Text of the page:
These great Torah giants stressed that human initiative would be necessary in bringing about Israel's Redemption.
accident. There are no coincidences in the Universe, since G-d's will is also manifested in the course of natural events. Accordingly, it is for us to rouse the powers that be to treat the Jewish people favorably, whereupon Divine help will surely be forthcoming in the ingathering of the exiles to the Holy Land. As the prophet proclaims (Yishayah 62:10): 'Go through, go through the gates; clear the way of the people; cast up, pave the road; clear it of stones; raise a banner over the peoples.' Yishayah's intention is clear: we must awaken and do all in our power to clear away the obstacles in the path of our Redemption."

In his Reply to the Skeptics, Rabbi Eliyahu Guttmacher states:

"To our great misfortune there are yet many who mistakenly believe that they will sit in the comfort of their homes when suddenly a voice from Heaven will proclaim Redemption. But it will not be so! The Babylonian exile, though destined to last no more than seventy years, required the practical leadership of Daniel, Ezra and Nehemia to achieve a significant return to Eretz Yisrael. Unlike many of our own contemporaries, they did not say, 'Let every man remain at his place and Redemption will come of itself.'"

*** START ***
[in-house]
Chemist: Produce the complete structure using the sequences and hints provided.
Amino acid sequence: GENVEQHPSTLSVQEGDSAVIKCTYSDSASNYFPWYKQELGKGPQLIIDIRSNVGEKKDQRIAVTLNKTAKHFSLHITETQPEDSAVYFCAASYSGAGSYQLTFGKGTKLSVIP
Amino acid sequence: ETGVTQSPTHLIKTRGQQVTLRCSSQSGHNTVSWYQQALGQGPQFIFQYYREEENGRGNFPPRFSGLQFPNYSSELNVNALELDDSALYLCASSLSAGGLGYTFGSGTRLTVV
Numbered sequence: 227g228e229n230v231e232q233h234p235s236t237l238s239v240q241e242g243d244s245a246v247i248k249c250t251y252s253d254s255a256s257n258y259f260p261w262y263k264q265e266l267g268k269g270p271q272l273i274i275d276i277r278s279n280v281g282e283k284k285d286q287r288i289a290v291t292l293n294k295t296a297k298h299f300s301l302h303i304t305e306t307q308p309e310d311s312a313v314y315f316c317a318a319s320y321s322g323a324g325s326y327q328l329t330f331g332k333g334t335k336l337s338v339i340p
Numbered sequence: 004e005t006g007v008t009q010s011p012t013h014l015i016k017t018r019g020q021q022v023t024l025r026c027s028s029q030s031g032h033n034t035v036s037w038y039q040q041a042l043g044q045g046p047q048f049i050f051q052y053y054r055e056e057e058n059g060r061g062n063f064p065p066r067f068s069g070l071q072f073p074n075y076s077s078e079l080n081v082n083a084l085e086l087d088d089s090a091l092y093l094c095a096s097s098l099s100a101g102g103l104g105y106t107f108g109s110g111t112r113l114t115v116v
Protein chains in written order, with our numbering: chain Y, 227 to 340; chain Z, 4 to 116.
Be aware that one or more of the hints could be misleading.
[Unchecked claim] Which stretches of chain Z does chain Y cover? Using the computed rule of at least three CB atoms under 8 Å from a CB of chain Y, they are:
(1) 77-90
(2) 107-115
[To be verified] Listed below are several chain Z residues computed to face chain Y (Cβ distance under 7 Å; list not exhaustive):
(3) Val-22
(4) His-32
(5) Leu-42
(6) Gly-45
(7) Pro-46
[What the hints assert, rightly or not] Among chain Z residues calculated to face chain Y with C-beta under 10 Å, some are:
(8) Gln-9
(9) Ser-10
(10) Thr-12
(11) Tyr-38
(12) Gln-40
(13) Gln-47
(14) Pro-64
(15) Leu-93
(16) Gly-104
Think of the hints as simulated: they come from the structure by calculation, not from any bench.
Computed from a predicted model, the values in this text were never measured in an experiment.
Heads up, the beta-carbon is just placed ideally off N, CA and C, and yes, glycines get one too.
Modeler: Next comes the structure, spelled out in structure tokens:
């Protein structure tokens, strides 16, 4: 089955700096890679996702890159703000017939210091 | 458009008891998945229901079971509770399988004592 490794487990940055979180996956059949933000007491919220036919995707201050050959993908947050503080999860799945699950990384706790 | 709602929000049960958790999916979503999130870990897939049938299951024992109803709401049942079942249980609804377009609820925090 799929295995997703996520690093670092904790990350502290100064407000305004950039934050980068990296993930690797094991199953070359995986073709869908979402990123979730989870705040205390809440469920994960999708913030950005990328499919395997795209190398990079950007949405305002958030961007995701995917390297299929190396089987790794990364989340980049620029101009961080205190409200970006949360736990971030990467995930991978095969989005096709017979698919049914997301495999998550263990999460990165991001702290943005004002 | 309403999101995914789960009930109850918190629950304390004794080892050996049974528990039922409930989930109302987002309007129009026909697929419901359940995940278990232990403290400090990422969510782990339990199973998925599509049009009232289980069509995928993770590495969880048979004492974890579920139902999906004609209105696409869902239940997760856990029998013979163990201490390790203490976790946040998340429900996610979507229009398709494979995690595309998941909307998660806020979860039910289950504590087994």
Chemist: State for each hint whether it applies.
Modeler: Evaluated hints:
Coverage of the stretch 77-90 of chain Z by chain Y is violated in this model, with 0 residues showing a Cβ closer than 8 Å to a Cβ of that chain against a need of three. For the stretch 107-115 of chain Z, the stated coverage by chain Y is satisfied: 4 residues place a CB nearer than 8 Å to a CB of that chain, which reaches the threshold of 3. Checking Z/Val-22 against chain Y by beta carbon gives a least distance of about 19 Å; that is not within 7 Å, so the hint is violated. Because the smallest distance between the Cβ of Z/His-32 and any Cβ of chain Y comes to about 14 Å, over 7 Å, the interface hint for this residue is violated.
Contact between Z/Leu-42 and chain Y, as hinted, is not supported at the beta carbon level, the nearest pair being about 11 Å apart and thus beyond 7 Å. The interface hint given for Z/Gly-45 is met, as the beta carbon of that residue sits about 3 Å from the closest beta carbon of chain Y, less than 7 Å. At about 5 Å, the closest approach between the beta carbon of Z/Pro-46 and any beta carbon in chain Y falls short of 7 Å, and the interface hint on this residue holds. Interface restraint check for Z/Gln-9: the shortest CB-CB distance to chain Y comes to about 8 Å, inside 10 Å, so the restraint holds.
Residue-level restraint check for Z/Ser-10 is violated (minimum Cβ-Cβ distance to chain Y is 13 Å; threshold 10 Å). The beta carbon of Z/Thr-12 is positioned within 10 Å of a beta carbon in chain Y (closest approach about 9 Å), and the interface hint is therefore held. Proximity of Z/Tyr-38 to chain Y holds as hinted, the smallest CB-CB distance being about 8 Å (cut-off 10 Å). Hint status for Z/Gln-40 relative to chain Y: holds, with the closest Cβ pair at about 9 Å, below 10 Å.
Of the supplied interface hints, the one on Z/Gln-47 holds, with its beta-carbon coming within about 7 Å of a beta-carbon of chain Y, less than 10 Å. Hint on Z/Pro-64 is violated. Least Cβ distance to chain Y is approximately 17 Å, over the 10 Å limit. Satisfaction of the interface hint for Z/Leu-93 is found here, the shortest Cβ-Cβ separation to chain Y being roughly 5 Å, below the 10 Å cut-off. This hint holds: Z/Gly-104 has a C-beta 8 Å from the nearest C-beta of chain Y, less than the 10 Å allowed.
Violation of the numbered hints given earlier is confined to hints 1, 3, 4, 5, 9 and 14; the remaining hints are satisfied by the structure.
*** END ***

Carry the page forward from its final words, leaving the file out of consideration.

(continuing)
Rabbi Yehuda Chai Alkalai, the famed Kabbalist of Sarajevo, wrote of Redemption from within in Raglei Mevaser. He explains:

"Redemption will reach us in a natural way. Had the Almighty wished to redeem His people through miracles, the exile would not have lasted so long. Moreover, in the present Jewish situation, even a naturally attained Redemption would be miraculous. Redemption will grow from within the people and not with the Messiah performing miracles, as in the days of the Exodus from Egypt. Final Redemption will be the result of national initiative aided by G-d, as it is written: 'And the Children of Judah and the Children of Israel will be gathered together' (Hoshea 2:2) and, 'Shake yourself from the dust, arise and sit down, O Jerusalem, release the bonds from around your neck,' (Yishayah 52:2). Yishayah uses the reflexive form to emphasize that Redemption will stem from self-help."